By New Times
By Robrt L. Pela
By Lauren Saria and Heather Hoch
By Deborah Sussman
By Robrt L. Pela and Amy Silverman
By Kathleen Vanesian
By Eric Schaefer
By Heather Hoch
Two dishes turned up the flavor profile a notch. I could actually taste the wine in the veal marsala. But the lazy accompaniment of underseasoned zucchini didn't show much kitchen creativity or effort. Only one entree, a special of fresh pappardelle pasta, darkened with squid ink and tossed with a full-bodied Bolognese sauce, came close to what I expected from Tal's.
The desserts sure don't. Most are made elsewhere, and if the sugar-packed chocolate cake is any guide, that's where they ought to stay. The house-made tiramisu is commendably rich, but it's way too little, and way too late.
Tal's has the right concept. But you can't eat ideas. And right now, Tal's ideas can't make it successfully onto a plate.
Molise Cucina Italiana:
Crespelle alla fiorentina
Molise Cucina Italiana, 2515 North Scottsdale Road, Scottsdale, 480-4235801. Hours: Dinner, Tuesday through Saturday, 5 to 10 p.m.; Sunday, 4:30 to 9 p.m.
Homey and relaxed, Molise is the picture of the friendly neighborhood restaurant sprung to life. The mom-and-pop proprietors haven't spent their four years in this shopping-strip storefront reconceptualizing Italian gastronomy. Instead, the kitchen focuses on getting familiar dishes right. And that sort of familiarity will never breed contempt.
The large, airy room is set off with good-looking old furniture. An antique breakfront, heavy and ornate, and a huge wood armoire, loaded with wine bottles, suggest you're dining in someone's home. So does the cheery, eager-to-please staff. And so does the music system -- you never know what's going to come out of it. We heard everything from Sinatra to the Gipsy Kings singing in Spanish.
Meals get off on the right foot, with homemade bread. And, after you order the escargot ravioli appetizer, you'll want to keep the loaf nearby. The four homemade pouches, filled with plump snails, are drenched in a smashing, tarragon-accented Pernod sauce that's so addicting it ought to be labeled a controlled substance.
Two other starters don't reach the ravioli heights. The antipasto is pretty spartan, slices of prosciutto, salami and provolone cheese. The only excitement on this plate comes from two olives, each perched on an anchovy. The dull roasted peppers, meanwhile, make the antipasto seem creative. But it's not the lack of flair that bothered me as much as their flabby taste. These peppers had no Italian oomph.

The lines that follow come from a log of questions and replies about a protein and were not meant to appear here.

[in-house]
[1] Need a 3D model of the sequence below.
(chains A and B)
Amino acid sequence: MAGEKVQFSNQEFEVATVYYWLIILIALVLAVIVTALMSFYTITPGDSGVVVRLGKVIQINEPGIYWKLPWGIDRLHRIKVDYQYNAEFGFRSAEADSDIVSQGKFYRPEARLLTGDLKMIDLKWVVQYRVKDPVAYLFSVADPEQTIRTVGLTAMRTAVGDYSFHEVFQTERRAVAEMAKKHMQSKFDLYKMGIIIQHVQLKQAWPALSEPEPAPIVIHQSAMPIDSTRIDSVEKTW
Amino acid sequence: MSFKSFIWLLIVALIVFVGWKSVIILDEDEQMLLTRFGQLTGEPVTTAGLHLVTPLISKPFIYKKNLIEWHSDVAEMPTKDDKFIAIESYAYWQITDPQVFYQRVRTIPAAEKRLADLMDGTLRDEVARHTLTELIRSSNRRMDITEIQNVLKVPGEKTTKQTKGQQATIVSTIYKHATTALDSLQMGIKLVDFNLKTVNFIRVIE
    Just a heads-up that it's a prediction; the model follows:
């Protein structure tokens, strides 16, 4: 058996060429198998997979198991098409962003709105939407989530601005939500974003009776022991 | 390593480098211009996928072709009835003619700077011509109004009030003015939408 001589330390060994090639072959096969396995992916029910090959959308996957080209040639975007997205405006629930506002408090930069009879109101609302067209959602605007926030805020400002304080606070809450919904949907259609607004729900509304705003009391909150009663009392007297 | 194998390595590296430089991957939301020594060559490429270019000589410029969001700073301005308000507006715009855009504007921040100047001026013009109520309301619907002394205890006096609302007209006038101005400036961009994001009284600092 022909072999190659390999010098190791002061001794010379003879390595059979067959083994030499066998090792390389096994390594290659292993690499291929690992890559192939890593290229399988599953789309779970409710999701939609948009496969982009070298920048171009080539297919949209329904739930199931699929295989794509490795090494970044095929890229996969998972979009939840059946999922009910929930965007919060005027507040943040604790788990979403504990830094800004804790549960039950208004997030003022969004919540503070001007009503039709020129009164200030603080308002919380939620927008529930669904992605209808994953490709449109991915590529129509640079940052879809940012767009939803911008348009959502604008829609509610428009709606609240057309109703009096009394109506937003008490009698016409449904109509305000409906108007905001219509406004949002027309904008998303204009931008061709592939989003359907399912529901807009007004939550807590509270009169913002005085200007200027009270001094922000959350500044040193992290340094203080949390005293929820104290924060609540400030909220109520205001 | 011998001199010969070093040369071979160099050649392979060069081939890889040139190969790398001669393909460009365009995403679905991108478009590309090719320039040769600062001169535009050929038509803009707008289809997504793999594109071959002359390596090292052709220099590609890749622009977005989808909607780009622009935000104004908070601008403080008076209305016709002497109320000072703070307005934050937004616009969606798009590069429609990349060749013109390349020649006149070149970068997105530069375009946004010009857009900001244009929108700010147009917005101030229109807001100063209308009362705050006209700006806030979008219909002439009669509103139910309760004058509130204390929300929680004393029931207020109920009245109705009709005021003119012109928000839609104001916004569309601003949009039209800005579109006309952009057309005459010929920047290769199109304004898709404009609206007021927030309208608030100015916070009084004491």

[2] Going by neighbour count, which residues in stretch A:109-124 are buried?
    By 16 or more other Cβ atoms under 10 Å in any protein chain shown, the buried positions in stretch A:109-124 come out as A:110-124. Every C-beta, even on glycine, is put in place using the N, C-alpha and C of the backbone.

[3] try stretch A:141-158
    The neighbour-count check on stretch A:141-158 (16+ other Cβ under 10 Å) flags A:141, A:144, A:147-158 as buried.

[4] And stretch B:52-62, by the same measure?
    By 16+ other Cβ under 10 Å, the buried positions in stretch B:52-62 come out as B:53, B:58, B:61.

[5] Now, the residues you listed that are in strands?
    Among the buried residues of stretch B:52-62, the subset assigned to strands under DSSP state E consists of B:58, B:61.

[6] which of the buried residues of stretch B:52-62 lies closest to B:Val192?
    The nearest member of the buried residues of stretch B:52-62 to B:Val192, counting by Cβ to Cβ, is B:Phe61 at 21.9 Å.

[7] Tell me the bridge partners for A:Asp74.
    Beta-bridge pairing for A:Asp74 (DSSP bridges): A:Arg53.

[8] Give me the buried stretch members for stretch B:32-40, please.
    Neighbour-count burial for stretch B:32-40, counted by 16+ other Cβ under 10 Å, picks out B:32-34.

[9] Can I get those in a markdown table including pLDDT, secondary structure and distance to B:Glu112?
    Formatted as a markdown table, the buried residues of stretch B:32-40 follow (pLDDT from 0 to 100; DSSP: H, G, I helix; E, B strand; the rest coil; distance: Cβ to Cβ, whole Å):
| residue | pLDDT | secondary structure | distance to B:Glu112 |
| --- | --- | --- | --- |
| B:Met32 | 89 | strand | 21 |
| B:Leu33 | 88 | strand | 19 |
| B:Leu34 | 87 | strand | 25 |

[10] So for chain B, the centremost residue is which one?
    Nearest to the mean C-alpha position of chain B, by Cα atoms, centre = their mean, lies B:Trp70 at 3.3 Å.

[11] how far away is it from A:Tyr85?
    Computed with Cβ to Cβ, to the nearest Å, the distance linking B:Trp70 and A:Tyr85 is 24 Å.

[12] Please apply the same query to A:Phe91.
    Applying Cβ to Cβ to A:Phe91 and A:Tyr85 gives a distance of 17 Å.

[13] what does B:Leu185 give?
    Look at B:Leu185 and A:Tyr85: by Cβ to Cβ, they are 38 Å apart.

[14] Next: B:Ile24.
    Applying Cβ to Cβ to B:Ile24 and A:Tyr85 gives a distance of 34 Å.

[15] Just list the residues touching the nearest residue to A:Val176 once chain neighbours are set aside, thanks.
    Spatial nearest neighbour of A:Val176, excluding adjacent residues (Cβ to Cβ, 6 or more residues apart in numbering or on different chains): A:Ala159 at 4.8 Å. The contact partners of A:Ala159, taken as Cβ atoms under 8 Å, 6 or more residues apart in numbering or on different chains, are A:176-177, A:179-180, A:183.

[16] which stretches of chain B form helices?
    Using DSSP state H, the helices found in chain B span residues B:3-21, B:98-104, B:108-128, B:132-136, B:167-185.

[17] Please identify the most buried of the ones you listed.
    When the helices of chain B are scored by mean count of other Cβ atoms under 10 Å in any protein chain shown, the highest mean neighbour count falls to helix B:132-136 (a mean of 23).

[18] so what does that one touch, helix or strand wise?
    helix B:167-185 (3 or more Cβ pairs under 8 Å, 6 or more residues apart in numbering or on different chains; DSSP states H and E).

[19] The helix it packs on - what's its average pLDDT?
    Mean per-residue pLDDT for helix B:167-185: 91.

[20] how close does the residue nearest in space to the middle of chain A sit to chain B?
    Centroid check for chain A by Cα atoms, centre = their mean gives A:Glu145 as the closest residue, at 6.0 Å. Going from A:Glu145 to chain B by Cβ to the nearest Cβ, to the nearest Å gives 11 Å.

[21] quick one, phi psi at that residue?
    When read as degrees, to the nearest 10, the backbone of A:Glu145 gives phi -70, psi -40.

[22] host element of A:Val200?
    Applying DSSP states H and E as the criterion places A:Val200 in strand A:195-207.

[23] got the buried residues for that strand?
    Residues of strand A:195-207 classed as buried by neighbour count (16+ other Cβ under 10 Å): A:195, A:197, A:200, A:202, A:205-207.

Entrees come with soup or salad. Forget the calendar and opt for the soups. Both the chicken soup and lentil soup taste like someone stood over a pot, watching them. The salad, in contrast, gives the impression that no one cared about this dull greenery at all.
The energetic main dishes could turn first-time diners into regulars, even if they don't live in the neighborhood. Two pasta dishes shine. The crespelle alla fiorentina is especially compelling: two light, homemade crepes, filled with ricotta and spinach, topped with cream sauce and a dollop of marinara. I'm still smacking my lips. Gnocchi are also deftly fashioned. Maybe these potato flour dumplings aren't quite as feathery light as some high-end models. But nobody will complain about the hard-hitting flavors in their creamy tomato sauce.
If you're from the meat-and-fish school, Molise also gets decent marks. One evening's halibut special turned out to be special, indeed. It was broiled exactly right, to the second, a moist, flaky slab of piscatory perfection. Then it got a boost from a sprinkling of capers and an aromatic lemon-wine sauce. Believe me, I'd come here just for the halibut. I'd also come for the saltimbocca, three thin veal medallions layered with prosciutto, sage and mozzarella. But I'd think twice about rushing back for the seafood linguini, whose otherwise wonderful shellfish medley was marred by some not-ready-for-prime-time scallops.
Molise makes eggplant parmigiana the way it ought to be. The eggplant is cooked through, without turning pulpy or oily. Then, it's topped by a flavorful cheese -- Gruyère, maybe? -- and a summery sauce that smelled like a Mediterranean breeze.
The kitchen's single, small half-step beyond the traditional Italian favorites is also a success. That's the polenta con salsiccia, a hearty, rustic platter of cornmeal tossed with sausage.
The one jarring note here: the grated cheese. For some reason, servers use a daffy, whirring device that looks and sounds like the offspring of a Salad Shooter mated to a hair dryer. The low-quality cheese that comes out of it doesn't help, either.
A couple of desserts get dinner back on track. The rich, fruit-studded crème brûlée is a crowd-pleaser. The homemade ricotta cheesecake, gilded with sweet cream, is worth the calories. But the cannoli don't have the sweet ricotta intensity they ought to.
Molise may be low on concept, but for the most part, it's high on execution. I'd say it has its priorities straight.